Implementing a statement cache

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Implementing a statement cache

carsten.muencheberg
Hi,
I am working on a generic cache for prepared statements and would like
to make sure that I am not overlooking anything important.

The cache is a simple map from an SQL string to a statement pointer.

1. When to call sqlite3_reset()? It looks like the safest and easiest
approach is to call sqlite3_reset() immediately after retrieving a
statement from the cache. Is there any disadvantage in regards to
concurrency or performance in keeping dozens or hundreds of statements
alive in a non reset state e.g. SELECT statements which have not stepped
over all rows?

2. When to call sqlite3_clear_bindings()? If I understand correctly new
values can be bound without clearing old ones first, but calling
sqlite3_clear_bindings() can be a safeguard against accidentally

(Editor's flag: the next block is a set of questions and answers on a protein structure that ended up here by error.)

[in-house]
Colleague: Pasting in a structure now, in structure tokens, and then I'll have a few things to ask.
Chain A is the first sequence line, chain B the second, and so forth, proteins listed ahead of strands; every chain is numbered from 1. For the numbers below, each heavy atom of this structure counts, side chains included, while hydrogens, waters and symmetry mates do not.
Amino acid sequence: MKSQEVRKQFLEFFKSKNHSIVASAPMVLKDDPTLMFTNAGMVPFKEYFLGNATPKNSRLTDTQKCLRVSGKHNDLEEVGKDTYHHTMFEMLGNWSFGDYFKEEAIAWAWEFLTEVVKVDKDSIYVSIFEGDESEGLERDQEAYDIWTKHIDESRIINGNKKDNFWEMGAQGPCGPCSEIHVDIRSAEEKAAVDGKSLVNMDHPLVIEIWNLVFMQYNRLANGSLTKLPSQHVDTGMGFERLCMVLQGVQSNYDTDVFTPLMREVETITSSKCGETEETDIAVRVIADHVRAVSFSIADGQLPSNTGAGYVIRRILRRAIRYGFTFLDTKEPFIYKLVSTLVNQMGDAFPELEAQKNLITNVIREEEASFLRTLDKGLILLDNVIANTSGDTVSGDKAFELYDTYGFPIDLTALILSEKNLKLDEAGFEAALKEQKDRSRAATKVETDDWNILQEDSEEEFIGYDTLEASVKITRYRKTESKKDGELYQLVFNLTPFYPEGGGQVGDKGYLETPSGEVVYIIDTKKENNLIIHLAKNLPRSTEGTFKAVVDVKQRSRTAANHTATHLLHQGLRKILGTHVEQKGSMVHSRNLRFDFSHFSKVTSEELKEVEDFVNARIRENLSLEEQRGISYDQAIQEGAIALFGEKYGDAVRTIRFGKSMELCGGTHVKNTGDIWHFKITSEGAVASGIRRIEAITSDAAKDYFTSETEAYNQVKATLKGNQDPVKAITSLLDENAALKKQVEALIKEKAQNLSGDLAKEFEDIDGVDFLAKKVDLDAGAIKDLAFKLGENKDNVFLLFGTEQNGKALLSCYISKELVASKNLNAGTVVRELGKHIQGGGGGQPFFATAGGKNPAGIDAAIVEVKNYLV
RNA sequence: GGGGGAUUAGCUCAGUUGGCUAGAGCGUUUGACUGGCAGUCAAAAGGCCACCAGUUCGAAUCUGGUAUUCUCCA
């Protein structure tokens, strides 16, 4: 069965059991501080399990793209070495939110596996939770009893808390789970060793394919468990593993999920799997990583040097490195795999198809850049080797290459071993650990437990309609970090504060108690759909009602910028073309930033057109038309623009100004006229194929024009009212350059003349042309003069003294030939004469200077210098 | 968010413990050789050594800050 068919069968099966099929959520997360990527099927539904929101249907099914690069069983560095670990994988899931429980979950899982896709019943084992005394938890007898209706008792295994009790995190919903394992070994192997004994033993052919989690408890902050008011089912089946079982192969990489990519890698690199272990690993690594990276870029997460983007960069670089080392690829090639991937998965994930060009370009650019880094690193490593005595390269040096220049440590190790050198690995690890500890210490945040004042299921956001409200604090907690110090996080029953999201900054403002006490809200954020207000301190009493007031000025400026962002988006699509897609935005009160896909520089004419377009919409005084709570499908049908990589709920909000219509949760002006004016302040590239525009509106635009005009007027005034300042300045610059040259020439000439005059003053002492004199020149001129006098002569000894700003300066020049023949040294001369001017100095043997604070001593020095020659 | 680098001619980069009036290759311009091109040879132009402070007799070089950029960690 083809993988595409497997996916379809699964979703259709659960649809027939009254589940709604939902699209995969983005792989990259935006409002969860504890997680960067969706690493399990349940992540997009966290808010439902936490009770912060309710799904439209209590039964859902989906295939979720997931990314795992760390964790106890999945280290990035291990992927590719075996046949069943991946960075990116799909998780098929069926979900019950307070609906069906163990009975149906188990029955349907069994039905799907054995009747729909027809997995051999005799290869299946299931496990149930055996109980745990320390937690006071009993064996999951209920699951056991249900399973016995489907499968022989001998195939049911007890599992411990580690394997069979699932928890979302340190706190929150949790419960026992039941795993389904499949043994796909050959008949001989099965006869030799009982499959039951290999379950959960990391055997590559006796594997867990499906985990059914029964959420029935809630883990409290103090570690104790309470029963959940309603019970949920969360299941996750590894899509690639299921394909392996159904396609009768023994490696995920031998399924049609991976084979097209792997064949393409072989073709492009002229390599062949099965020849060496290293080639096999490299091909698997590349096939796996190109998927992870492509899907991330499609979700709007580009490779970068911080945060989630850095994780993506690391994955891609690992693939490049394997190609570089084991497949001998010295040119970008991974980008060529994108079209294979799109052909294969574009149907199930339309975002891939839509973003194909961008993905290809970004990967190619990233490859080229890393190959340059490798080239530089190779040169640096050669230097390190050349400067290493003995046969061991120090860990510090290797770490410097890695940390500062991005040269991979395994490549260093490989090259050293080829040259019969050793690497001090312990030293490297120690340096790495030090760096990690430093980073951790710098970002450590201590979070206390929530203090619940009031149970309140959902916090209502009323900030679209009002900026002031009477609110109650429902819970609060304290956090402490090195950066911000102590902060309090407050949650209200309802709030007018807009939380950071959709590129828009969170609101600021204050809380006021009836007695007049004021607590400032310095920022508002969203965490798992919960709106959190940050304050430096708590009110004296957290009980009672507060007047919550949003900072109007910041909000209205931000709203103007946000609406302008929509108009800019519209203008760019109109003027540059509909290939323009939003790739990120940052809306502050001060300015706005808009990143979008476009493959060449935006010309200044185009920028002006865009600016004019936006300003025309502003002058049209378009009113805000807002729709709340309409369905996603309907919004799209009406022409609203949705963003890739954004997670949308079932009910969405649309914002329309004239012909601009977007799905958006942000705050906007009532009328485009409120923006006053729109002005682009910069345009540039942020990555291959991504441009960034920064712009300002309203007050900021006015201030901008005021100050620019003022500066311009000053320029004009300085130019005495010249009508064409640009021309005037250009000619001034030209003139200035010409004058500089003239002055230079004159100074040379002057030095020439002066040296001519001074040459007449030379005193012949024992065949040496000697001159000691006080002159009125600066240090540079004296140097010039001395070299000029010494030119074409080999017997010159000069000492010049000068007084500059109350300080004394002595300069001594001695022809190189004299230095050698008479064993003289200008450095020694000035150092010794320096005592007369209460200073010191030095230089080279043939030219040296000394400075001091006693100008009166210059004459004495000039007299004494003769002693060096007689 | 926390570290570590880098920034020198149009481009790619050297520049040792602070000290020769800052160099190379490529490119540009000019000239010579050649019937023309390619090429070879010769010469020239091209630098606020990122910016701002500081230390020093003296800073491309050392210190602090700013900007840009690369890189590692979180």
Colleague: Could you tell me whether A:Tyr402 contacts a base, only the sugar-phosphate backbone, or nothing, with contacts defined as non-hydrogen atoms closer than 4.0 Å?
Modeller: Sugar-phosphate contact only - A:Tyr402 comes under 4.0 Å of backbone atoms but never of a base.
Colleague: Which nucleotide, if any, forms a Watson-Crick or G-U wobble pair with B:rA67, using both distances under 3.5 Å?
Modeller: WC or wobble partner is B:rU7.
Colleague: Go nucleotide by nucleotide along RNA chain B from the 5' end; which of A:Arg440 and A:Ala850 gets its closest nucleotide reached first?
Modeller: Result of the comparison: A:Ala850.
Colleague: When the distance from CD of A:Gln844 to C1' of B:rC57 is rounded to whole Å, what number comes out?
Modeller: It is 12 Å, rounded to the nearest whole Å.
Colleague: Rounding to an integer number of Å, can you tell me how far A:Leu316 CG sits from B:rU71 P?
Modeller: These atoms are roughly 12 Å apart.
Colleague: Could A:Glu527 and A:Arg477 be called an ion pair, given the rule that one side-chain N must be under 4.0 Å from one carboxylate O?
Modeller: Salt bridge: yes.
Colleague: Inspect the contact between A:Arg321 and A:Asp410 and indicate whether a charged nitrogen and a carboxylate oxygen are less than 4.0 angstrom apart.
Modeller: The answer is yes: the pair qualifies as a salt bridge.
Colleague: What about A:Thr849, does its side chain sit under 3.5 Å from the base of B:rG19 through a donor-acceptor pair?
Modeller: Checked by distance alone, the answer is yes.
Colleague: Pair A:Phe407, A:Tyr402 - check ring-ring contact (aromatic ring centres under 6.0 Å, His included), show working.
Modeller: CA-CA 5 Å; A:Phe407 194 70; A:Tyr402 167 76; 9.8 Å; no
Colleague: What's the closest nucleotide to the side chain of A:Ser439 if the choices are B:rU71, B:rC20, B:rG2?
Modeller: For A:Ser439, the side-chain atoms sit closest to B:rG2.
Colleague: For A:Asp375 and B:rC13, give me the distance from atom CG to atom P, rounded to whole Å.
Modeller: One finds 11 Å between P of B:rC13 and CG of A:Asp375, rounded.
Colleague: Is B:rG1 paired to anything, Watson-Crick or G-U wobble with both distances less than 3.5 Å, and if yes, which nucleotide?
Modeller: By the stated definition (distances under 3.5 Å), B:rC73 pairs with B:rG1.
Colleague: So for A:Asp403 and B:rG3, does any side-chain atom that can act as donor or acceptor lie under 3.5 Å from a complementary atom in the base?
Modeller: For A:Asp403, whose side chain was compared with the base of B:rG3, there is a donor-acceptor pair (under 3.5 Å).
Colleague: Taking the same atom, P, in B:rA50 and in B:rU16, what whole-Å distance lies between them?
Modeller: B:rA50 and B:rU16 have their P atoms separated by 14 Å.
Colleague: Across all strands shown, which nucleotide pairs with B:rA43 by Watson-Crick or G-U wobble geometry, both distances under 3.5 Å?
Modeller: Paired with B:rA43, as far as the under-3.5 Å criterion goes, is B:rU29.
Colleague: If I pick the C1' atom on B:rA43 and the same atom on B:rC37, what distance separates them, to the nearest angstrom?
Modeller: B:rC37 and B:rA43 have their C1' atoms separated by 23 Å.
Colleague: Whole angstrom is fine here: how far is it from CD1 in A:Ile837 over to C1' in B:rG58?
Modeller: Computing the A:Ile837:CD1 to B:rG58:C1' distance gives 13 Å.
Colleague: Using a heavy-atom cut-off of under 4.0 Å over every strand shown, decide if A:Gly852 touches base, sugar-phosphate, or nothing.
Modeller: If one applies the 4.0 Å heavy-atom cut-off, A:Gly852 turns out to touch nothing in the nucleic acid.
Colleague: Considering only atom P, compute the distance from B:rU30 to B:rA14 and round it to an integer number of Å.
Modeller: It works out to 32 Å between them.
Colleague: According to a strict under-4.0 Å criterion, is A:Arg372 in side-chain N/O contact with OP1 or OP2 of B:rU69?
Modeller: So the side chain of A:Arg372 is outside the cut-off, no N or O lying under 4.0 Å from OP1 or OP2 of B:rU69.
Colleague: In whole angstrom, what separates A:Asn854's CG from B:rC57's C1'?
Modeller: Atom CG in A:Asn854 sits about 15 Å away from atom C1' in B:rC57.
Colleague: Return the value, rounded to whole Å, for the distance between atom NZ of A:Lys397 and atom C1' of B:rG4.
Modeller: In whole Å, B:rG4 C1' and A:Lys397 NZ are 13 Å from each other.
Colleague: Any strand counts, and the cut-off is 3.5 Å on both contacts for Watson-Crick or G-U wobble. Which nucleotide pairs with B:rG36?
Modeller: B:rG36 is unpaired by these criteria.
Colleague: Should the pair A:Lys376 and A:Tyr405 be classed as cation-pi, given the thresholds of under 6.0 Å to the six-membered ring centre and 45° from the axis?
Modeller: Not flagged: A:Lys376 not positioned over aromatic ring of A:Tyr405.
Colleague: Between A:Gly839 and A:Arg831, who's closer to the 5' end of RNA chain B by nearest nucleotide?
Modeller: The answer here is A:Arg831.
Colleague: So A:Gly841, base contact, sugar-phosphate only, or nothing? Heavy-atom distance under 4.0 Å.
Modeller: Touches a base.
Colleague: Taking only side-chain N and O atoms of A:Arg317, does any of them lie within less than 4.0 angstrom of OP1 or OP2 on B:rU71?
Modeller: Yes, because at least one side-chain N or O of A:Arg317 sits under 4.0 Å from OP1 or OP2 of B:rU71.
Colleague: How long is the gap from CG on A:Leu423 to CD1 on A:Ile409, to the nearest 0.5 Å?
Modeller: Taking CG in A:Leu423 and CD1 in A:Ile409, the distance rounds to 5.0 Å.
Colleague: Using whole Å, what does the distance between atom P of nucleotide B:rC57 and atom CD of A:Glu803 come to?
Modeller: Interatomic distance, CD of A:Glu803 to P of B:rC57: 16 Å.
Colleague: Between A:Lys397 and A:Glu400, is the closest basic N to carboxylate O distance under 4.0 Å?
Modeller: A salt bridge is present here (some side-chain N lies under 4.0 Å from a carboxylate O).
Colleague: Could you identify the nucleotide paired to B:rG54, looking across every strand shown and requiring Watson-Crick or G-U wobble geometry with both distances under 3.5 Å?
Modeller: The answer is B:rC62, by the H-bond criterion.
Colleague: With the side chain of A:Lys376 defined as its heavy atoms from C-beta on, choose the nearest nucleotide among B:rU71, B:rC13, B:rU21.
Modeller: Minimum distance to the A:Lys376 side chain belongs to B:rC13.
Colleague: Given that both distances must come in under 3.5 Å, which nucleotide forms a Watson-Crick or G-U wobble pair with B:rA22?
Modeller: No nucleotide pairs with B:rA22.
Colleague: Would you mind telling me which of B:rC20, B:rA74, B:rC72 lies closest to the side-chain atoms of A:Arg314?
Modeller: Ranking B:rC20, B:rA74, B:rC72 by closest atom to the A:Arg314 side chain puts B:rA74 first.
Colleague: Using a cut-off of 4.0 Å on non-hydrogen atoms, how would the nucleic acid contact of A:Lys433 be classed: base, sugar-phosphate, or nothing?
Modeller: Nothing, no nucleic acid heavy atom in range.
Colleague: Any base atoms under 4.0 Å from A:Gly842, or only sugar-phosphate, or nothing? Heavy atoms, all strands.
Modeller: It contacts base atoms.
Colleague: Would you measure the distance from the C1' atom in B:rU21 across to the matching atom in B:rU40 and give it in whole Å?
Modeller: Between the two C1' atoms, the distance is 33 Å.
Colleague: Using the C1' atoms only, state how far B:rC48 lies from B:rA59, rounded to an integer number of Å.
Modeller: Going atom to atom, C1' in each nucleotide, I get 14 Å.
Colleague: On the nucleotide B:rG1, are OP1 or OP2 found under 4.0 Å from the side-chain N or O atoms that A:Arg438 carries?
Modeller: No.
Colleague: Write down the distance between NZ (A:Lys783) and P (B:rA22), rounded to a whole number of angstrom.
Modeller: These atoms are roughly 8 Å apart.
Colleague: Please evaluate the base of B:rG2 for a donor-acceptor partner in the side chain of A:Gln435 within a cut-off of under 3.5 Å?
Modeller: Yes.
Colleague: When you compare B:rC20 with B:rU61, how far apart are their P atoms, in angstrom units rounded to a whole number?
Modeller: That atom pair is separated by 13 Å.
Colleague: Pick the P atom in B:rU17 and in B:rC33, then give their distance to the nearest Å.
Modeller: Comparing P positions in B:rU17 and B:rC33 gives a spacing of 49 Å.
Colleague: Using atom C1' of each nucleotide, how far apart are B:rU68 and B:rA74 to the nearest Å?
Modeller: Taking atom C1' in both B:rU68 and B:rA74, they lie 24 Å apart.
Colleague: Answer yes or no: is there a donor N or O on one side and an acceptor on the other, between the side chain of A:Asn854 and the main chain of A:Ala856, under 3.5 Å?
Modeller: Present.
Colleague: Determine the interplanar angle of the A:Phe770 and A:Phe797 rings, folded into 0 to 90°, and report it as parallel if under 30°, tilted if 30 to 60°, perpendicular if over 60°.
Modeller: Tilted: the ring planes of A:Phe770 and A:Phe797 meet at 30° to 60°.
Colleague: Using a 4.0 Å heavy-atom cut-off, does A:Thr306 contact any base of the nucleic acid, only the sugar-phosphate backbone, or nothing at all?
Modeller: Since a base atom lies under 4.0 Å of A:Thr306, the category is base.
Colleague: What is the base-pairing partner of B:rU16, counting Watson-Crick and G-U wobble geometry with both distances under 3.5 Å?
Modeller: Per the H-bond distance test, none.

executing a statement with old values?

3. When to clear the cache? I read that in some cases statements are
automatically recompiled when a different value is bound to a parameter
inside the WHERE clause. What about SQLITE_ENABLE_STAT4 and ANALYZE,
would it make sense to clear the cache afterwards or can we trust SQLite
to maintain existing statements under all circumstances?

4. Other ideas, comments?

Thanks in advance.
Carsten
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Re: [EXTERNAL] Implementing a statement cache

Hick Gunter
Any statement that has been stepped but not to completion will hold open the transaction on a connection. This may interfere with your expectations. Clearing bindings as a precaution will prevent inadvertent re-use of old bindings. The statement may have to be reset first, see documentation. Statements prepared with the V2 (or later) interface will recompile if necessary.

-----Urspr√ľngliche Nachricht-----
Von: sqlite-users [mailto:[hidden email]] Im Auftrag von carsten.muencheberg
Gesendet: Montag, 16. Dezember 2019 22:38
An: [hidden email]
Betreff: [EXTERNAL] [sqlite] Implementing a statement cache

Hi,
I am working on a generic cache for prepared statements and would like to make sure that I am not overlooking anything important.

The cache is a simple map from an SQL string to a statement pointer.